I’ll Have What They’re Having

“If you’re going to invent, you’re going to disrupt.” That’s Jeff Bezos talking. Once upon a time, he was Mr. Amazon. Now he’s Mr. Amazon Publishing. For good and ill, he’s inventing a seismic disruption of the book world. Journalists chronicling this sea change tend to follow the money. The latest swirl, for instance, “Random Penguin,” involves a possible merger between Penguin and Random House as a response to the Amazon juggernaut.

But I don’t need a rundown on mergers and acquisitions to get the picture–it’s right under my nose. Check the Oct 29-Nov 5, 2012 print issue of The New Yorker. Double truck, pages 64 and 65. I’ll copy it here:

Amazon Publishing Advertises in the New Yorker

Nice, right? Attractive. Intriguing. Lots and lots of literary real estate filled with high-concept, high content, touchy-feely design. In fact I have to check the fine print up at the top to be reminded that I’m looking at an advertisement, not some kicky collage-art statement. In fact, this is a book ad. We’re selling a book here. Not in a tiny column stuffed with seamy line art and bodice-ripper type. Not in a sad array of thumbnails across, say, The New York Review of Books (a periodical I love-love-love, but no one’s winning awards with those ads). Instead, we’re grabbing eyeballs with a marketing version of gestalt right in the heart of Reader Central.

And what forward-looking institution made this happen? Some high-design indie imprint? They don’t have the dough. Some high-dollar Big Six Powerhouse? They’re the last to lead with punchy communication. Nope. It’s Amazon Publishing, people, Amazon Publishing. They’re changing the game by changing the playing field at my level, the level of writers to readers. I mean come on! You’re an author or an editor or any kind of make-worthy-books-happen publishing professional, don’t you secretly want to sign up with an operation that’s selling books aggressively, inventively, disruptively?

Don’t get me wrong. I’m no fan of monopolies. To switch metaphors here, no way do I think we should all run for the Amazon lifeboat, the one that created the tsunami in the first place. But we do need to take a lesson.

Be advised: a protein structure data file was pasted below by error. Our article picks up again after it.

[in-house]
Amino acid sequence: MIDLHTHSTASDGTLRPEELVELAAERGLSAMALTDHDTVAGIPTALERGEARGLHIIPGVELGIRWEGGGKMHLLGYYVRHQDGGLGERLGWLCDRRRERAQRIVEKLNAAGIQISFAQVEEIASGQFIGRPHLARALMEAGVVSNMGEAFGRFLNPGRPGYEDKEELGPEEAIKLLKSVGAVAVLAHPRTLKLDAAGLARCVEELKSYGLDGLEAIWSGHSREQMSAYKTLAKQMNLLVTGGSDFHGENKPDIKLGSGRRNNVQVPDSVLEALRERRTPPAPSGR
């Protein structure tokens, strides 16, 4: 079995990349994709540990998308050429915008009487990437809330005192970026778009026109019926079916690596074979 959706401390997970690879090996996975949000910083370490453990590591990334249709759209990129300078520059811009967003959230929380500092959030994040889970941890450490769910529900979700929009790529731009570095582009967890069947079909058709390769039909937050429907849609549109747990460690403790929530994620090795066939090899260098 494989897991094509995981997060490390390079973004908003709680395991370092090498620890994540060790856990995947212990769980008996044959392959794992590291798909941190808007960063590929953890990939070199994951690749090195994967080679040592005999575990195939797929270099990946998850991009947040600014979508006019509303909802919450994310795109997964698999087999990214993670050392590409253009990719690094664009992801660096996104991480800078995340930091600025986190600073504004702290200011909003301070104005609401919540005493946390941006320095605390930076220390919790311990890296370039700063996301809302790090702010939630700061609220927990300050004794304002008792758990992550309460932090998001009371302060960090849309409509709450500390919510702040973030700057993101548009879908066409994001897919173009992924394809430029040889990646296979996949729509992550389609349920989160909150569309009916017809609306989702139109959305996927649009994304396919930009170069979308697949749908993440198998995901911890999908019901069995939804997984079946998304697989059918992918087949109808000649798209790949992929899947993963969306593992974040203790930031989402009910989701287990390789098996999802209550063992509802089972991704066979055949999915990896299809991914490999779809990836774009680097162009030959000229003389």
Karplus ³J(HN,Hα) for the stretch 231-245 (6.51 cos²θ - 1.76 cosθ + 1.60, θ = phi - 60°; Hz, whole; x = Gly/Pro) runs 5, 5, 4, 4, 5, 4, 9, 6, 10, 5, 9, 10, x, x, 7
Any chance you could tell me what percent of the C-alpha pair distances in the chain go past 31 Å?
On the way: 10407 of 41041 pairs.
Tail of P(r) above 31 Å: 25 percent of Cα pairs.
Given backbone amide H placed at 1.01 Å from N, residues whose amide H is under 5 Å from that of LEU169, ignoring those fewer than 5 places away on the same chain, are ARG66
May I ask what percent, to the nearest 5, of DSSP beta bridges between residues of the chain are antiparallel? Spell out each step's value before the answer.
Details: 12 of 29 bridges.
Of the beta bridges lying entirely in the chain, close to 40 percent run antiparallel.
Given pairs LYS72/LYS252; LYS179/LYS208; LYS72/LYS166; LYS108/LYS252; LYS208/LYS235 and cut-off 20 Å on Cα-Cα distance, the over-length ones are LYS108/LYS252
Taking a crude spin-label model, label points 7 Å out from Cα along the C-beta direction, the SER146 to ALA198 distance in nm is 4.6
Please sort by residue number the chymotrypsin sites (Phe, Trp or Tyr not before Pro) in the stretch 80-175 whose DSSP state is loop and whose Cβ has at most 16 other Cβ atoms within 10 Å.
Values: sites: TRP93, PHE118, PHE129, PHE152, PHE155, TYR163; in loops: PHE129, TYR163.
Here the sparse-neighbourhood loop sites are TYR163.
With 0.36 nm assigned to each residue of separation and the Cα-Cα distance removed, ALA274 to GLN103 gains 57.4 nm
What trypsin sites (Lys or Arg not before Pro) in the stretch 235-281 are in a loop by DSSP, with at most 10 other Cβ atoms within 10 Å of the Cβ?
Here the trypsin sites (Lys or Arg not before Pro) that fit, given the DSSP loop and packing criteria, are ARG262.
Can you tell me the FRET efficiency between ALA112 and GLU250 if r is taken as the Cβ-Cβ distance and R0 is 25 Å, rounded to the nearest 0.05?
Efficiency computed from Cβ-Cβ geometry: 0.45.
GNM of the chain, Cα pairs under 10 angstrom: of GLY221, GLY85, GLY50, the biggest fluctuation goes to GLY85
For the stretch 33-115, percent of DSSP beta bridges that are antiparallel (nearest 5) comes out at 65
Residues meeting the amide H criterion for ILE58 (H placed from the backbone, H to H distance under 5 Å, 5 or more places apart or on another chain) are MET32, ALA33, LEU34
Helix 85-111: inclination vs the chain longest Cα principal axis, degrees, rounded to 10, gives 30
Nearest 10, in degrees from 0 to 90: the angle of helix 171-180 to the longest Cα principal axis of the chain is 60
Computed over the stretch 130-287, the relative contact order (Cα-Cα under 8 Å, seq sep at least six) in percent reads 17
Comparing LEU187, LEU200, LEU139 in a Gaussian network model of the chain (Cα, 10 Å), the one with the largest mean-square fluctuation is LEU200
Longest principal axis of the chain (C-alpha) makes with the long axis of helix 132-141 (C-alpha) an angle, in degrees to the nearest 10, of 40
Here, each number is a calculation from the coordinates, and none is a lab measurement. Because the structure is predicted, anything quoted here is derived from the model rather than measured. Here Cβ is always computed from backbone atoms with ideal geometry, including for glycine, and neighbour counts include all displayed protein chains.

So, in the spirit of re-invention, I went ahead and mocked up a version of my own two-page spread. [Note to any reckless zillionaires out there: it’s ready-to-print should you feel the urge to stake me to a little prime real estate on the pages where my future readers congregate.] Until then, it’s been a good exercise to think bigger and better. Money makes things possible, true. It also opens the mind outward to new possibilities. Imagining I was blessed with Amazon’s resources, I let a team of disruptive jinn inspire a fuller expression of my novel:

Going to Solace by Amanda McTigue Ad

Even if I don’t find the pennies to hit the major media with this layout, I want to thank Amazon for reminding me to animate every invitation I extend to readers with the vibe, the feeling, the flavor of the writing within.

About Amanda McTigue

Author. Director. Teacher. My debut novel, GOING TO SOLACE was named one of four "Best Reads of 2012" by public radio's KRCB "Word by Word." A collection of short stories, "Convergence," is due out in 2015. A second novel, "Monkey Bottom," will follow.
This entry was posted in Artistry, Design, Expression, Going to Solace, I:DEAS, PAGE, Publishing, Uncategorized, Writers and Writing and tagged . Bookmark the permalink.

6 Responses to I’ll Have What They’re Having

  1. Wow, Amanda. It looks like you had fun making your book advertisement (read the English way). What can we do with this? Hmmm. . . . Maybe I can post on my new FB page. . . or reference your blog post. That’s what I’ll do!

  2. Laura R says:

    Amanda, I just bought your book! Looking forward to reading it, but have to clear the decks of the two books I’m reading at the moment. I want to give yours my undivided attention.

  3. Amanda McTigue says:

    Love you, Lolly! Hopefully it will be a great read over the upcoming holidays. Just did book club appearance via skype with Toni Egger’s group — such fun!

  4. Ann Philipp says:

    I love this idea! Thanks for sharing Amanda.

  5. So vivid, lively and fun your “book ad,” reminds me that I miss you. How goes the book tour, or are you back now? At least I can say, “I knew Amanda when she was a shy, shrinking violet-Redwood-Writer.

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